Predicting dengue outbreaks using Neural Networks
Dengue fever is a mosquito-borne tropical disease caused by the dengue virus. Symptoms typically begin three to fourteen days after infection. This may include a high fever, headache, vomiting, muscle and joint pains, and a characteristic skin rash. Recovery generally takes two to seven days. In a small proportion of cases, the disease develops into the life-threatening dengue hemorrhagic fever, resulting in bleeding, low levels of blood platelets and blood plasma leakage, or into dengue shock syndrome, where dangerously low blood pressure occurs.
Each year between 50 and 528 million people are infected and approximately 10,000 to 20,000 die due to Dengue Fever.
Research papers predicting dengue generally use meteorological data and don’t consider past incidence of the disease, which I found out to be a more important factor than weather conditions.
Researchers are not employing deep learning techniques and use simpler regression techniques like linear regression.
I scraped dengue and weather data from the data.gov.sg and compiled it into one clean dataset. Contrary to research papers I used past incidence to predict future incidence. Then I created a neural network with 3 layers which contained 13 nodes each. I used sklearn’s train and test split function which split my 277 length dataset into 75% training data and 25% testing data.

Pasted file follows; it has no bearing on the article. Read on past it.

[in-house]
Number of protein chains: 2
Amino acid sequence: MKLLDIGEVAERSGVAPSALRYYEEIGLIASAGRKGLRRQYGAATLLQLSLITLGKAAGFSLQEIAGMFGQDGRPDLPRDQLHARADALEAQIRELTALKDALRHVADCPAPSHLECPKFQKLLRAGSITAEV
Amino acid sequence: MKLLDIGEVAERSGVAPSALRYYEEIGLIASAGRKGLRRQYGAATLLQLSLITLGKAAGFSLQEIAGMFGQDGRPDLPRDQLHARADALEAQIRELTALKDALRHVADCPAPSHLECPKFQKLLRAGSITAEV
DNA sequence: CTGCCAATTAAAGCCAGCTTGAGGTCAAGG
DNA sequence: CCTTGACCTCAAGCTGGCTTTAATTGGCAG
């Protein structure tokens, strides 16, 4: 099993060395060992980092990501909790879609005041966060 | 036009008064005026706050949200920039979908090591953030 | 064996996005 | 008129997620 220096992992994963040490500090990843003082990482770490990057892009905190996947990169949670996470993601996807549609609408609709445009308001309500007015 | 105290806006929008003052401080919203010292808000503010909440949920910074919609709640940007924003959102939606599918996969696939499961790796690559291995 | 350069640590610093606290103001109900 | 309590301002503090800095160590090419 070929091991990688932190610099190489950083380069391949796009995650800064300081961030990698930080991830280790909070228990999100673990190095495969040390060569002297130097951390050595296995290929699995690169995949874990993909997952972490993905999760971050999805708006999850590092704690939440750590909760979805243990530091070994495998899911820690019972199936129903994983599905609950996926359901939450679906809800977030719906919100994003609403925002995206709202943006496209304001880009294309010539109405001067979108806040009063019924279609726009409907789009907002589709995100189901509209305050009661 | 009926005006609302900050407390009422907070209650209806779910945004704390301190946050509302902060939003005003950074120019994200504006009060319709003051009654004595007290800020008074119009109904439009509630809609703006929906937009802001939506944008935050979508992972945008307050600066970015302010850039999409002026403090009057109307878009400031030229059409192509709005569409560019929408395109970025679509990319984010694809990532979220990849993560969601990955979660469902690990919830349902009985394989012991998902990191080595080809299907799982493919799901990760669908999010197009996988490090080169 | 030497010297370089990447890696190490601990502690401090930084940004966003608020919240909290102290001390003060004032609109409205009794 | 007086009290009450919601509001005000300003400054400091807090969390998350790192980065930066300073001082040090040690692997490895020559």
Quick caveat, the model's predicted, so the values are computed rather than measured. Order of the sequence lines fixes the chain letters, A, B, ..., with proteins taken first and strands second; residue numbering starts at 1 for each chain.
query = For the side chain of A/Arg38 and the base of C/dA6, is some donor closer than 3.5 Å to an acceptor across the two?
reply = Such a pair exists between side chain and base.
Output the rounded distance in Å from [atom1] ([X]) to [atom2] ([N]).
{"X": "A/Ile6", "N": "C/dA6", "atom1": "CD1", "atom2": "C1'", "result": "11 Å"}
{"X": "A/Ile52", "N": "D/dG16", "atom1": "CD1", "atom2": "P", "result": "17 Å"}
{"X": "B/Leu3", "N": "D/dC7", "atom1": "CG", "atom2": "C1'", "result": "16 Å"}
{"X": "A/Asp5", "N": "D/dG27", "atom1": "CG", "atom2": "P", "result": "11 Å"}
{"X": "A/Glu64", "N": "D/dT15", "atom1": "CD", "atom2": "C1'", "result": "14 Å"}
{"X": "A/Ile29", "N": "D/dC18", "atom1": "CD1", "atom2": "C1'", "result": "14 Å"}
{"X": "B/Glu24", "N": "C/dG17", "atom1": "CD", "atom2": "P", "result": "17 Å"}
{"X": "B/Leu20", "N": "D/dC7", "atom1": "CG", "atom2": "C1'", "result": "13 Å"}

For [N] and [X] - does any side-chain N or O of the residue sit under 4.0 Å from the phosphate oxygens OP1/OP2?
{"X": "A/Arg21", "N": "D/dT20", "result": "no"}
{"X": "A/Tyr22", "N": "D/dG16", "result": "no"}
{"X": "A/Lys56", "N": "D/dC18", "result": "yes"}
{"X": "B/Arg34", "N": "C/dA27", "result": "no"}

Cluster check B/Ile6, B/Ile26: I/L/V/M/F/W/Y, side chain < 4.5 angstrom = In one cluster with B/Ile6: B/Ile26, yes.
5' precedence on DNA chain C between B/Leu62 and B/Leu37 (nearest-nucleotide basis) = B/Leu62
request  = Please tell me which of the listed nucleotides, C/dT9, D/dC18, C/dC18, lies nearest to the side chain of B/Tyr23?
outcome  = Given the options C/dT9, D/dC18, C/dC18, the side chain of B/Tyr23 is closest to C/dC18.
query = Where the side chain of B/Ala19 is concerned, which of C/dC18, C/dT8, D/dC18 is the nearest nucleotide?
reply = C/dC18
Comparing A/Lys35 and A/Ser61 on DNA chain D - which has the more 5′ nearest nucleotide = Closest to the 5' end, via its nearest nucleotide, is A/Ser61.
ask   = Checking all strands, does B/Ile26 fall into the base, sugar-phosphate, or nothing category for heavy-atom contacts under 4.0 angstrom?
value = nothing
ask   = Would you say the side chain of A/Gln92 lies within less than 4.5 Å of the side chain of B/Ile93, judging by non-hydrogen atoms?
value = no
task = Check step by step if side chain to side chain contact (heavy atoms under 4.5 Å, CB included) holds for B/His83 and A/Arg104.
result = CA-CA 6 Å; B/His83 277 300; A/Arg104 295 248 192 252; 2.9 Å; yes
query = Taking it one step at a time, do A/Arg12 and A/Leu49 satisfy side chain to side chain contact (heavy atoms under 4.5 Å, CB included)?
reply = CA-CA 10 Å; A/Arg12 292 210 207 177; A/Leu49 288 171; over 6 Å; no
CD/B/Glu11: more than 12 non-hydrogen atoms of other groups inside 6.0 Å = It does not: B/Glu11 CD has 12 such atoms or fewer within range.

My neural net was able to achieve an R2 value of 0.9316 which is much better than the state-of-the-art values that other Researchers have got. The mean error of my model was only 35.11 cases. This proves that dengue prediction can be done very accurately even if a small dataset is available like the one I used. It also goes to show how deep learning can provide substantially better results even on very small datasets.
The dataset is free for anyone to use if they give appropriate credit to me. Email me for a copy.
If you would like to have dengue predicted in your area, send me a dataset at my email and I will be happy to run my model on your dataset.